Handing Over the Keys
A growing number of older homeowners are arranging for their houses to go to charity, deciding it's the ultimate good deed (with great tax benefits to boot).
When Gretchen and Wayne Hays retired in their 60s, the California couple found themselves eager to downsize. With their two children grown and out of the house, their oceanfront four-bedroom in Malibu felt empty and burdensome to maintain.
So, in 1997, the Hayses put the home on the market, but first placed 25 percent of the asset in something called a charitable remainder unitrust. In this philanthropic setup, you irrevocably transfer an asset to a trust or organization; after the property is sold, the donor receives an income payment from the proceeds for a set period of time. Gretchen had always wanted to make a large donation to her Massachusetts alma mater, Mount Holyoke College, and the sale of the house would finally give her the ability to do so. They dedicated 70 percent of the trust (to be distributed upon their deaths) to the college's endowment, with the remaining 30 percent still to be determined. When the property sold a month later for $2.8 million, the trust became worth $720,000 and entitled the couple to a reduction in their capital gains tax liability, a hefty charitable donation tax deduction, and annual income for the rest of their lives.
Real estate philanthropy has become increasingly common in recent years. A growing number of nonprofits have become willing to accept non-cash gifts, and donors are catching on to the fact that such philanthropy can provide benefits beyond the satisfaction of a good deed. Older homeowners, in particular, often find it an attractive way to convert a difficult-to-maintain vacation or second home into retirement income, tax deductions, and the ability to support a favorite cause.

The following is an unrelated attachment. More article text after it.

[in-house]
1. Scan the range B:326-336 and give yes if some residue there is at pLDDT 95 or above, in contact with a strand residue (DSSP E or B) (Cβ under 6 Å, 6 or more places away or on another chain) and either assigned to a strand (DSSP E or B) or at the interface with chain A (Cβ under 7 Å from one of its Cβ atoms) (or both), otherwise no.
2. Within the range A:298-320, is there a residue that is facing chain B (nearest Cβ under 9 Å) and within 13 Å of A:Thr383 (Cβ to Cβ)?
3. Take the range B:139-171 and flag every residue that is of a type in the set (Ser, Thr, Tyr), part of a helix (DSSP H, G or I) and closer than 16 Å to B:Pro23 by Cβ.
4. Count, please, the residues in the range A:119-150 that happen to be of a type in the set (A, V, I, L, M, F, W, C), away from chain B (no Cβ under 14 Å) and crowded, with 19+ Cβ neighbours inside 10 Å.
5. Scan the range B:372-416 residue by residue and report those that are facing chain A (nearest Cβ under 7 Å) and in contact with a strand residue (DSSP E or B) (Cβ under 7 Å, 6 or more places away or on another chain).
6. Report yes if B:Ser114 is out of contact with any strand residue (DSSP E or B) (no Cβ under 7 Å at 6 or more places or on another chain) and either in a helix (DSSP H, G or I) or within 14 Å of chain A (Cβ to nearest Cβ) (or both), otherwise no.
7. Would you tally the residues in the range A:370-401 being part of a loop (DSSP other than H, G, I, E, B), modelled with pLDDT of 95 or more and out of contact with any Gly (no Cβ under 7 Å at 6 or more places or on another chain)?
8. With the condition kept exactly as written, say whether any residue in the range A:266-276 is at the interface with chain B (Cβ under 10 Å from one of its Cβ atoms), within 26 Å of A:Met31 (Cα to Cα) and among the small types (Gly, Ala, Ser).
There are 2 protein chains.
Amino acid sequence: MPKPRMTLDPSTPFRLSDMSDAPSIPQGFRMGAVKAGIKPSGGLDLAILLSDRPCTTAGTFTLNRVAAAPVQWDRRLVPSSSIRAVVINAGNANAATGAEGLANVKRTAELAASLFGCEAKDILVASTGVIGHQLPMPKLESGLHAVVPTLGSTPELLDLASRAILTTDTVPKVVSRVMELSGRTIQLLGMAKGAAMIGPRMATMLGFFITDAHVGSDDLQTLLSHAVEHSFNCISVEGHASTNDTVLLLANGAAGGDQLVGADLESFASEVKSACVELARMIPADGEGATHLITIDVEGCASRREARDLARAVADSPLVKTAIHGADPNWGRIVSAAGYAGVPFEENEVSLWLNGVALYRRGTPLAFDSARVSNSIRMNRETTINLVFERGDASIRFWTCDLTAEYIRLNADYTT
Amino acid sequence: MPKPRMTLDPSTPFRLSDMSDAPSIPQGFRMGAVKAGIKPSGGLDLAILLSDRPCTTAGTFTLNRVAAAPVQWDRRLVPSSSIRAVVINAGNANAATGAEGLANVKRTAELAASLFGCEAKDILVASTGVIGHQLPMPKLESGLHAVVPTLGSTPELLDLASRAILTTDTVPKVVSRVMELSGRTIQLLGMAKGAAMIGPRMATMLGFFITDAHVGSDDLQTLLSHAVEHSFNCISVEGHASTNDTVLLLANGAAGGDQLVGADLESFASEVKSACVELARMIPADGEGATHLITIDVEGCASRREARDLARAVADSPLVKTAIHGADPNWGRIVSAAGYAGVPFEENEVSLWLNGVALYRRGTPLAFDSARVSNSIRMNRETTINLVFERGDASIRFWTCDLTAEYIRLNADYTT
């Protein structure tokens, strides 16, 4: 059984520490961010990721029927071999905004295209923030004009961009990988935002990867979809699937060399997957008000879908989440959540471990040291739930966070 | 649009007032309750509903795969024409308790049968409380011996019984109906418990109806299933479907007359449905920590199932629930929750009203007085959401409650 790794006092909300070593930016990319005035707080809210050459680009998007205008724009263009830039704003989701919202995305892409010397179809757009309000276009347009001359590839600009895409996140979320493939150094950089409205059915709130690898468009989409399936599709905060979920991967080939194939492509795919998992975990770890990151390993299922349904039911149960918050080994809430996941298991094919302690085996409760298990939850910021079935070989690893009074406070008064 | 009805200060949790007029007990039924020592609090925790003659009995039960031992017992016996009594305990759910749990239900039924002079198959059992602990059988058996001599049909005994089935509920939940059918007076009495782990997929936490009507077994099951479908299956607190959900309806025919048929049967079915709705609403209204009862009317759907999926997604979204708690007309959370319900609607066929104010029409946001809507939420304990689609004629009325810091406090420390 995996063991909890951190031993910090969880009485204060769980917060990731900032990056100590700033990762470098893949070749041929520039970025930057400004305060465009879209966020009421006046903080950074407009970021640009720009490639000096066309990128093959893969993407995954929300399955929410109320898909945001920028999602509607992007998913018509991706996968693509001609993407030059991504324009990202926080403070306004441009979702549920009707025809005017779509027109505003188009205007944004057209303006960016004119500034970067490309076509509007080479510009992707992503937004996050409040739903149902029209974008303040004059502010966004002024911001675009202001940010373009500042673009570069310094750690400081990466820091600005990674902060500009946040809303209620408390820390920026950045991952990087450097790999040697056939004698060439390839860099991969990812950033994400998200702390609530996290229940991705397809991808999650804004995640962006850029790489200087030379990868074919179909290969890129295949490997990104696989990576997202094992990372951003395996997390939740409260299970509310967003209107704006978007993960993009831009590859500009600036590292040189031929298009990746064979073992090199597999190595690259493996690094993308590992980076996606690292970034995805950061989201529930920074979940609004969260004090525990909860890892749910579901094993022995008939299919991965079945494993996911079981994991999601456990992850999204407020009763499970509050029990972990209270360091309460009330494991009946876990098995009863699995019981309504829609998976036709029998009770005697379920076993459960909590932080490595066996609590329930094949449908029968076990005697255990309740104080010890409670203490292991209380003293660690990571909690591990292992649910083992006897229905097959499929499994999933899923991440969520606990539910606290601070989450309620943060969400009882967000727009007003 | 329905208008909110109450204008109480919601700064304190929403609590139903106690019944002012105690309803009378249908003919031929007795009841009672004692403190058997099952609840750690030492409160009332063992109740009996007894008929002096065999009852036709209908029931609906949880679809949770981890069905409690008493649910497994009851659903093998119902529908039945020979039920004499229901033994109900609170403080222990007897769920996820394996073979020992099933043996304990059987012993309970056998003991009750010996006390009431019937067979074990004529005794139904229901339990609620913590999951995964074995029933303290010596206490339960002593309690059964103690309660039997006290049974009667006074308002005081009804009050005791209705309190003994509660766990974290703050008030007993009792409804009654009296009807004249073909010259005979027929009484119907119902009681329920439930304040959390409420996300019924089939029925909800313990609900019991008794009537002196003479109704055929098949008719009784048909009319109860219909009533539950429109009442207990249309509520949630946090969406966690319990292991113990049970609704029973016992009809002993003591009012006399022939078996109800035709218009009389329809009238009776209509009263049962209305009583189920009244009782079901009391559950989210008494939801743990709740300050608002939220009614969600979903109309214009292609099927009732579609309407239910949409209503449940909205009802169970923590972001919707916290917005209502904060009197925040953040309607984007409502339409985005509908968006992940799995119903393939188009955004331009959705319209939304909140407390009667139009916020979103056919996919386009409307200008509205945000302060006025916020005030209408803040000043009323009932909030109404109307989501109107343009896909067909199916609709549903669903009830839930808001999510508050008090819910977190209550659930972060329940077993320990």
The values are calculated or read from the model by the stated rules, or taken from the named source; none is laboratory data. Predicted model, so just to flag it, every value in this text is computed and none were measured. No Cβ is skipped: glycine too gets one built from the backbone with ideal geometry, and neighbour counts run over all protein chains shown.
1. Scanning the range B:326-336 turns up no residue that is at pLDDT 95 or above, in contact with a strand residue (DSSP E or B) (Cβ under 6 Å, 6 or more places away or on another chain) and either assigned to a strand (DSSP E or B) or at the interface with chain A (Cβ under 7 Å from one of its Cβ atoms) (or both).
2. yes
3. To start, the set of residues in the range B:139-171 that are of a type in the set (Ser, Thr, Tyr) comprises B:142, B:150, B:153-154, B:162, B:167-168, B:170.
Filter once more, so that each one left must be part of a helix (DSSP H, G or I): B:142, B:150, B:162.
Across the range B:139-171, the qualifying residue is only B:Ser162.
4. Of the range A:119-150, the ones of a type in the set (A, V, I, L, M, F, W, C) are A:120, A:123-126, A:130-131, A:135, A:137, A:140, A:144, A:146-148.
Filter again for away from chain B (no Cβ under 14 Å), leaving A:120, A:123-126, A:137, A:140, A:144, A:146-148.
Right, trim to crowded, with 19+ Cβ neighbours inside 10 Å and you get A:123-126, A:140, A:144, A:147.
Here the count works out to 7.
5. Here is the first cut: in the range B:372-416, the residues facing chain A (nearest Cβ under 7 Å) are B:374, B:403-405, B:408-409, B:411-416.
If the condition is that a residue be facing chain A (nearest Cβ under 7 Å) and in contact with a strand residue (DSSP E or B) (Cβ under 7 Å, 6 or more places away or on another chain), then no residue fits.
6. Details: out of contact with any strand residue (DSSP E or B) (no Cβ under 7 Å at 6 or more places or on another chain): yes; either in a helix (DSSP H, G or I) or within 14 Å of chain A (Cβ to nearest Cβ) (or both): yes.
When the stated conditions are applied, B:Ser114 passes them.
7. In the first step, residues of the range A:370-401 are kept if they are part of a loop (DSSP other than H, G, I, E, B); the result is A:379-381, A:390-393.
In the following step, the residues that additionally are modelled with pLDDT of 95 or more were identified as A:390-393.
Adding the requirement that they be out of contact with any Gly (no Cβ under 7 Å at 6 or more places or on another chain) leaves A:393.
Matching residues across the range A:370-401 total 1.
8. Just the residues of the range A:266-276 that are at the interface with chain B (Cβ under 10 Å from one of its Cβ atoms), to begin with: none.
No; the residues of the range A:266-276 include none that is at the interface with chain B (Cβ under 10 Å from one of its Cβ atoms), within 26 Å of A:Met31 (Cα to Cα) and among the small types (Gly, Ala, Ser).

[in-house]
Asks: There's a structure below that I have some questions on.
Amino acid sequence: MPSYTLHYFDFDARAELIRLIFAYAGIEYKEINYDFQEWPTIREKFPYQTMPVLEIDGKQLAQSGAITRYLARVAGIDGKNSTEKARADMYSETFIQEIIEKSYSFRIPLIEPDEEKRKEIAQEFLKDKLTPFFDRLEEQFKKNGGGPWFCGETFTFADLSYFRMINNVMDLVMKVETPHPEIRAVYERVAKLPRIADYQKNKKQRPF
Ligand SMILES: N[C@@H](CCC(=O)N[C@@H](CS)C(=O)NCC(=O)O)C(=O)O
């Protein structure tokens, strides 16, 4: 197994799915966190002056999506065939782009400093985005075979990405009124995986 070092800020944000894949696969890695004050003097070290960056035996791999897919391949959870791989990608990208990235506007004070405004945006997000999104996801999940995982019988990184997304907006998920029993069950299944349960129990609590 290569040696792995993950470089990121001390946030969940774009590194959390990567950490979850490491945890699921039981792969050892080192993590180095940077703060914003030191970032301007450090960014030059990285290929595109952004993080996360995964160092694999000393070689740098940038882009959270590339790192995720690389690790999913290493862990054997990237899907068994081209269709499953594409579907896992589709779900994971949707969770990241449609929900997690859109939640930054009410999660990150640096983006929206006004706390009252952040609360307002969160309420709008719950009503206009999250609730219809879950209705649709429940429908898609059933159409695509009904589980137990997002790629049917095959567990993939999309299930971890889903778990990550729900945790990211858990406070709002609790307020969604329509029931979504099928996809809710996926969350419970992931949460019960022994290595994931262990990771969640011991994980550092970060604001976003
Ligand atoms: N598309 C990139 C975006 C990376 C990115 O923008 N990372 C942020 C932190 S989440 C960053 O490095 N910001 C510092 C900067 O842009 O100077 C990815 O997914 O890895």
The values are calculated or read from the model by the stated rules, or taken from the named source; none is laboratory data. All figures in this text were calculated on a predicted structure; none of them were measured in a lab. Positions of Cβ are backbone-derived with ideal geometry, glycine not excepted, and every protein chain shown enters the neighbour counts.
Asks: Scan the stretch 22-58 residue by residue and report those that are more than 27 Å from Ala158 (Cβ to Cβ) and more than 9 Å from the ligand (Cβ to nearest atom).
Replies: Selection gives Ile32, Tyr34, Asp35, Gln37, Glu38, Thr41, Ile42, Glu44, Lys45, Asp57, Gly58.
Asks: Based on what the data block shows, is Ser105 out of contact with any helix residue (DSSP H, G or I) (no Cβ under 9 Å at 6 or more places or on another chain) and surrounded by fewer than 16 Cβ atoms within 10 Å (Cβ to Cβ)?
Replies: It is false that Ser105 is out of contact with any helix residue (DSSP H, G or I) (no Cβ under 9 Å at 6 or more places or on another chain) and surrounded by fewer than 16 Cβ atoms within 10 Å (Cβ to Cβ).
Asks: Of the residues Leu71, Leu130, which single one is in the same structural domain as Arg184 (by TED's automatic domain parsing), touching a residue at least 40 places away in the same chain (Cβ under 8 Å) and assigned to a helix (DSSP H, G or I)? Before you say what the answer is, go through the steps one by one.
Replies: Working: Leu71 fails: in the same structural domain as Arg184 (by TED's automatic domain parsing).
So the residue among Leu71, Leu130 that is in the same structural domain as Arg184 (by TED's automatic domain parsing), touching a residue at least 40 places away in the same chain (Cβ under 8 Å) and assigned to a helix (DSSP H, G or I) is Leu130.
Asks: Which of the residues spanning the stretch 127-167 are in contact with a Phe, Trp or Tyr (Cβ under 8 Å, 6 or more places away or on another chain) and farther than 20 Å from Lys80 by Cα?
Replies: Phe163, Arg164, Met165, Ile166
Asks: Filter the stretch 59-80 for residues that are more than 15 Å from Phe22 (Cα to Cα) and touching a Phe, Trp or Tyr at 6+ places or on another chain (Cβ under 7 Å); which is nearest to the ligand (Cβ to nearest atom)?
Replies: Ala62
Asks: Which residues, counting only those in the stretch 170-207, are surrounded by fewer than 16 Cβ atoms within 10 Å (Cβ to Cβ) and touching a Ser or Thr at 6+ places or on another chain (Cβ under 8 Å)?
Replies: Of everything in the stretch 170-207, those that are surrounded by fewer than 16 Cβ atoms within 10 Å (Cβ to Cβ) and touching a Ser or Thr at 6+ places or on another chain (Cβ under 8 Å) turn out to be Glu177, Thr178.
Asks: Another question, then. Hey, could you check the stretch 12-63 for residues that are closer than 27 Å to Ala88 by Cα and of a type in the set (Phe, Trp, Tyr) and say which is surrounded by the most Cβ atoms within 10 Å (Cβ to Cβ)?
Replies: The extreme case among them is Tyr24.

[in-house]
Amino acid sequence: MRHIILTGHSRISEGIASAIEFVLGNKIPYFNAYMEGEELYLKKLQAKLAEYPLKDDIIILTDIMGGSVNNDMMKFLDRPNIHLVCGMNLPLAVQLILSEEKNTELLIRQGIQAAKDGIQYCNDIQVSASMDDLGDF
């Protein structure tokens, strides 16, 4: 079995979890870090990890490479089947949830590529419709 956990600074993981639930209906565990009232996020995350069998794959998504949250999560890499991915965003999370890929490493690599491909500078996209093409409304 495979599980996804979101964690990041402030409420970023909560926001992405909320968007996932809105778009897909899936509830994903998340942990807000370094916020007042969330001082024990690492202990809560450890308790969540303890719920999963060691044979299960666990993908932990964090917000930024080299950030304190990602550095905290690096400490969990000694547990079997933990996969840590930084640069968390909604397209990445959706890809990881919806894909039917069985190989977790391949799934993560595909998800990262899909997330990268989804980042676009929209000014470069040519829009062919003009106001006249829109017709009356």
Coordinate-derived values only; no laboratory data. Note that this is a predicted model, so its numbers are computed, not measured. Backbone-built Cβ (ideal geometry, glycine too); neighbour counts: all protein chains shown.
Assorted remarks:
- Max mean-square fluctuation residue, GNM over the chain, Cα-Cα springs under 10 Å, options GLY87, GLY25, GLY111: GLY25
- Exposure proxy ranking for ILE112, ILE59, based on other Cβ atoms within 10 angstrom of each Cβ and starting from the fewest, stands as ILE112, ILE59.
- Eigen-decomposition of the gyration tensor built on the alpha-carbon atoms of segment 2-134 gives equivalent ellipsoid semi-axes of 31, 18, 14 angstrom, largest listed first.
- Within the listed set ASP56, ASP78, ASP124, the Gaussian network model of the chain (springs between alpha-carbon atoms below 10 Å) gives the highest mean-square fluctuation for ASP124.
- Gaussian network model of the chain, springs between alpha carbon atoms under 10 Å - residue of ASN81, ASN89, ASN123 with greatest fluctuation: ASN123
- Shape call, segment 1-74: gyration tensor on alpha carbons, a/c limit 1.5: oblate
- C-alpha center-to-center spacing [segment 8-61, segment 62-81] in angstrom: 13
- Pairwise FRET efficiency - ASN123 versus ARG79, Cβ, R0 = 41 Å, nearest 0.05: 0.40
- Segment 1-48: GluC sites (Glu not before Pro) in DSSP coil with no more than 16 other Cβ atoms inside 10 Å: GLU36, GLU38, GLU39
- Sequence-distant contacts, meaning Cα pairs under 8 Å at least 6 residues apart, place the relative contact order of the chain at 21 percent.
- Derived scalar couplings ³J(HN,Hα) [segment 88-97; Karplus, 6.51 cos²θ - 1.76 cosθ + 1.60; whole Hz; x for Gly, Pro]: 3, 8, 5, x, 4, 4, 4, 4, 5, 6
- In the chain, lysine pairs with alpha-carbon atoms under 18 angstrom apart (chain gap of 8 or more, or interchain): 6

Although real estate is the largest single item of net worth for most households, it currently only represents 3 percent of charitable giving, according to Dennis Bidwell, principal at the Northampton-based real estate consultancy firm Bidwell Advisors. "It is still a largely untapped resource, but I see that changing throughout the nonprofit sector," he says. "There's this sense that, my goodness, we're missing out on a tremendous amount of gift potential by not pursuing real estate. Especially during these cash-constrained times, we've got to look beyond cash gifts."
The Boston Foundation, like many larger nonprofits, makes an effort to communicate its desire for real estate gifts, says vice president for development Ruben Orduna. In the last 15 years, the foundation has taken in nearly $28 million worth of real estate -- everything from shares in a Beacon Hill co-op to undeveloped beachfront property in Gloucester -- and has seen inquiries increase in the last five years. An added benefit: Such gifts are typically larger than cash donations. Smaller organizations, however, often turn down potential donations, lacking the capacity to handle the logistics, upfront costs, or potential risk (finding an environmental hazard, discovering it is tough to sell, etc.) involved with a property sale.
While the typical donor is older than 65 and owns multiple homes, Bidwell says it is not uncommon to encounter less wealthy real estate philanthropists. They might, however, structure the gift as a retained life estate, a scenario where the donor transfers ownership to the nonprofit but retains the right to live there for a specified amount of time, often until death.
The Hayses are now settled into a condominium a few miles from where they used to live. They are using some of their newly found free time to figure out, through things like study trips to Asia with the nonprofit Hefer International, which organizations should benefit from the remaining 30 percent of their trust. Gretchen Hays urges others who are considering real estate philanthropy to look into it further. "I have absolutely no regrets," she says. "It was the single most appreciated asset we had, so it enabled us to give a gift larger than we ever would have thought possible."
Jenna Pelletier is a freelance writer living in Providence and a frequent contributor to the magazine. E-mail her at firstname.lastname@example.org.